Community Partnership Helps Broaden Campus Common Read
By Brian Hiro
When Cal State San Marcos chose a graphic novel by George Takei as its Common Read in February, there was little reason to hope that students might be able to hear the writer talk about the book.
After all, the actor who became famous by playing Sulu on the original “Star Trek” series, and who has gained a new legion of fans later in life as an author and activist, is a public speaker in great demand. And when the coronavirus pandemic struck in the spring, it made a visit from Takei even less likely.
But the CSUSM University Library, which runs the Common Read program, is nothing if not resourceful, and a creative community partnership will allow that much-anticipated appearance by Takei to happen – just virtually, of course.
The library has joined together with One Book, One San Diego, a longtime regional literacy initiative sponsored by KPBS, which on Saturday announced that it also (and coincidentally) has selected Takei’s graphic novel, “They Called Us Enemy,” as its community read for this year. Backed by the weight of more than 80 community partners, including CSUSM for the first time, One Book, One San Diego will host Takei for two virtual events this fall. Both are free and open to the public, with no limit on attendees.
The first is the One Book kickoff on Sept. 22 at 7 p.m., featuring Takei being interviewed by Beth Accomando, a KPBS arts and culture reporter. You can register in advance here, but registration is not mandatory and the event also will be live-streamed on sites like Facebook and YouTube.
The second event, Oct. 27 at 6 p.m., might be more geared to some CSUSM students, as it was created specifically for the 15-20 age group. It will feature a panel discussion with Takei, his co-authors (Justin Eisinger and Steven Scott) and the book’s illustrator (Harmony Becker). CSUSM students will be able to submit to the library in advance questions for Takei and the panel by video (more information to come).
“Our library has always relied on rich collaborations with campus and community partners to make awesome things happen for our students, but at a time when financial resources are scarce, these collaborations are even more important,” said Jennifer Fabbi, dean of the library. “The partnership with KPBS and One Book, One San Diego is taking the CSUSM Common Read to new heights this year.”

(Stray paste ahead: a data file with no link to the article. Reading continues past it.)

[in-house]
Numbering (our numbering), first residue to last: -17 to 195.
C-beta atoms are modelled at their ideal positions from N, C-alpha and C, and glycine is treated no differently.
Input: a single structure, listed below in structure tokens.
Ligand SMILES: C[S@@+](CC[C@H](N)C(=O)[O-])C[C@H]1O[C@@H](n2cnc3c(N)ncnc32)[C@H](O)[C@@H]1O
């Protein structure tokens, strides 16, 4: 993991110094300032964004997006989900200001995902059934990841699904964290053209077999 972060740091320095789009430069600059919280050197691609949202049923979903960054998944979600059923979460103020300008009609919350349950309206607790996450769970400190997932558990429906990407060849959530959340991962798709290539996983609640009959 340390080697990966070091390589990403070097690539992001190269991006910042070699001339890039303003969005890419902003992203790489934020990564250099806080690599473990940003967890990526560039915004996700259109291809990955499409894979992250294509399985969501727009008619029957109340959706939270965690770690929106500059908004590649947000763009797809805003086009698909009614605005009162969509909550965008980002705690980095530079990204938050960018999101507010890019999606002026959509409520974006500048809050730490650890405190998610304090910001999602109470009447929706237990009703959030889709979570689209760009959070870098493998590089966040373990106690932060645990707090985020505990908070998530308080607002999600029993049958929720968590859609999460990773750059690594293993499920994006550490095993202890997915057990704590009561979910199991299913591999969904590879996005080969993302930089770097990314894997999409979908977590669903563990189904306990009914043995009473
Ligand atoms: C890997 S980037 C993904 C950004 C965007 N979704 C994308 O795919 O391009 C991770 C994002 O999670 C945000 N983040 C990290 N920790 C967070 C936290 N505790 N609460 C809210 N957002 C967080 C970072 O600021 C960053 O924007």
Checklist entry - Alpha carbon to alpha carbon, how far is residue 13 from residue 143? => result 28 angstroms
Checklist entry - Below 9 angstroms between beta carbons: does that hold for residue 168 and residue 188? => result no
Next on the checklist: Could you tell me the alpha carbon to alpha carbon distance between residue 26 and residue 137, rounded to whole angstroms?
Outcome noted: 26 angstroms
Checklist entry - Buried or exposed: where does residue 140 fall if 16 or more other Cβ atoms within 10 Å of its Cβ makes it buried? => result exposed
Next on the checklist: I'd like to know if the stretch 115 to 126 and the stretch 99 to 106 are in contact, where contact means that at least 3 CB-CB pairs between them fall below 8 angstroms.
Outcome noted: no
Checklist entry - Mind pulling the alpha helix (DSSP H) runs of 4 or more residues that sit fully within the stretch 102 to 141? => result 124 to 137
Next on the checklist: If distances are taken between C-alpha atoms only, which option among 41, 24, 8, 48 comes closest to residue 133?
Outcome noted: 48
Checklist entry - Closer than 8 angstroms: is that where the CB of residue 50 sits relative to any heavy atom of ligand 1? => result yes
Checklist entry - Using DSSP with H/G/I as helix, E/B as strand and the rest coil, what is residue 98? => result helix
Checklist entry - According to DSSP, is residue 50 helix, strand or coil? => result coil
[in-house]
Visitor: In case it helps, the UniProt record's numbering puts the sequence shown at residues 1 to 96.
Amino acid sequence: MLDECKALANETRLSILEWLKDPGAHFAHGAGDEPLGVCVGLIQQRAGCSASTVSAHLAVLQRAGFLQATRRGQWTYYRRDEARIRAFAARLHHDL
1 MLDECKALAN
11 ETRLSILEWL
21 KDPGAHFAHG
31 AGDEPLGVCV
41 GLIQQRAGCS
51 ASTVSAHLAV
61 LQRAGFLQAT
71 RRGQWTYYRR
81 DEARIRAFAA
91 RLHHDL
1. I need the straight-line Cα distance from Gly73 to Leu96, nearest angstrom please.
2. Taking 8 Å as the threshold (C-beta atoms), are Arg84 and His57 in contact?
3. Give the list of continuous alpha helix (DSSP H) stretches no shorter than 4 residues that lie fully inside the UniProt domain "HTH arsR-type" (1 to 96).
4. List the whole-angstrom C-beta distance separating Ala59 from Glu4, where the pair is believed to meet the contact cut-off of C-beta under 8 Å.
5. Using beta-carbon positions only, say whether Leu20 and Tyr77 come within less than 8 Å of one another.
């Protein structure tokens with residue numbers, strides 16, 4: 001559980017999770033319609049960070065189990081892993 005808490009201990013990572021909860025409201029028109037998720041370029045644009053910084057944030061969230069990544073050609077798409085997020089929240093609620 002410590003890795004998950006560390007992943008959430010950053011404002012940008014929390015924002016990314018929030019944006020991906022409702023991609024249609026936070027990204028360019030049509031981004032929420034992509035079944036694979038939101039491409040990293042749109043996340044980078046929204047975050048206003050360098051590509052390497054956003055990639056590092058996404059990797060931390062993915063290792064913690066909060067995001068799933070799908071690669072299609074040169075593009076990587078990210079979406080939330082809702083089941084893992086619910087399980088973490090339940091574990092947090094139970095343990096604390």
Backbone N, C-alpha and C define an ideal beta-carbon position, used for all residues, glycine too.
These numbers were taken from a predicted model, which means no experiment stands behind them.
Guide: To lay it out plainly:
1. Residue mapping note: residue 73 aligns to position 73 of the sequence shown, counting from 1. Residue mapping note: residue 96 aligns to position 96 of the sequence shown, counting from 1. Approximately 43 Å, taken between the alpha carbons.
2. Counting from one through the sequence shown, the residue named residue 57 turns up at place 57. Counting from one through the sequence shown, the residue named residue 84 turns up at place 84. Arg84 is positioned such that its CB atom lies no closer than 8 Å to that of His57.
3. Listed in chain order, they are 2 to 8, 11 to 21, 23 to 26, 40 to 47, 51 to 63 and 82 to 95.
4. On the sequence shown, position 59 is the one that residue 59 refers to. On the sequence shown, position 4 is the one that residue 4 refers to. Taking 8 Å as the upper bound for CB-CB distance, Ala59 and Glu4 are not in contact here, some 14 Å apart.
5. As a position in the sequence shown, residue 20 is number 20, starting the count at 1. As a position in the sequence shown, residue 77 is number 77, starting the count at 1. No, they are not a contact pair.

The Common Read program began in 2011 when CSUSM partnered with local colleges to bring Rebecca Skloot, author of the national bestseller “The Immortal Life of Henrietta Lacks,” to San Diego County. Each fall, a campus committee, with input from stakeholders across the university, selects five books that are put up for a campus-wide vote, and the selection for the following academic year is announced in early spring.
“As the title suggests, the main goal is to get students, faculty, staff – our entire campus community – connected through a common read,” said Toni Olivas, CSUSM’s engagement and inclusion librarian, who chairs the Common Read committee. “This is something that brings us together, and even if we have different viewpoints, we’re still able to get together as a community to discuss an important piece of literature.
“Also, as a librarian, one of the biggest values of this program is just to get people reading.”
“They Called Us Enemy” is a graphic memoir in which Takei revisits his haunting childhood as one of 120,000 Japanese Americans forced into internment camps by the U.S. government during World War II. The book, named one of the best of 2019 by Amazon, NPR, Publishers Weekly and several other outlets, is the first graphic novel chosen as part of Common Read, which Olivas hopes will make it more accessible to a wider campus audience.
“I think that was really exciting for folks,” she said. “And even though it’s set in World War II, it’s still very relevant to current events with what’s happening at the border. Plus, it’s George Takei. He’s fantastic.”
This year, people will be able to delve into the Common Read choice more easily than ever before. Every freshman student who attended virtual orientation this summer received a welcome package that included the book, accounting for almost 2,500 total physical copies distributed. Additionally, the library has ordered 100 digital copies of the book for students, faculty and staff to check out.
As with past editions of the Common Read, nearly all first-year students in a GEL or GEW course will study the book as part of the class. This year, Matthew Atherton, associate director of the Faculty Center, presented a workshop for GEL/GEW professors who wanted extra help in teaching the perhaps unfamiliar format of a graphic novel.
“We’re doing what we can,” Olivas said, “to truly make it a campus common read experience.”
Brian Hiro, Communications Specialist
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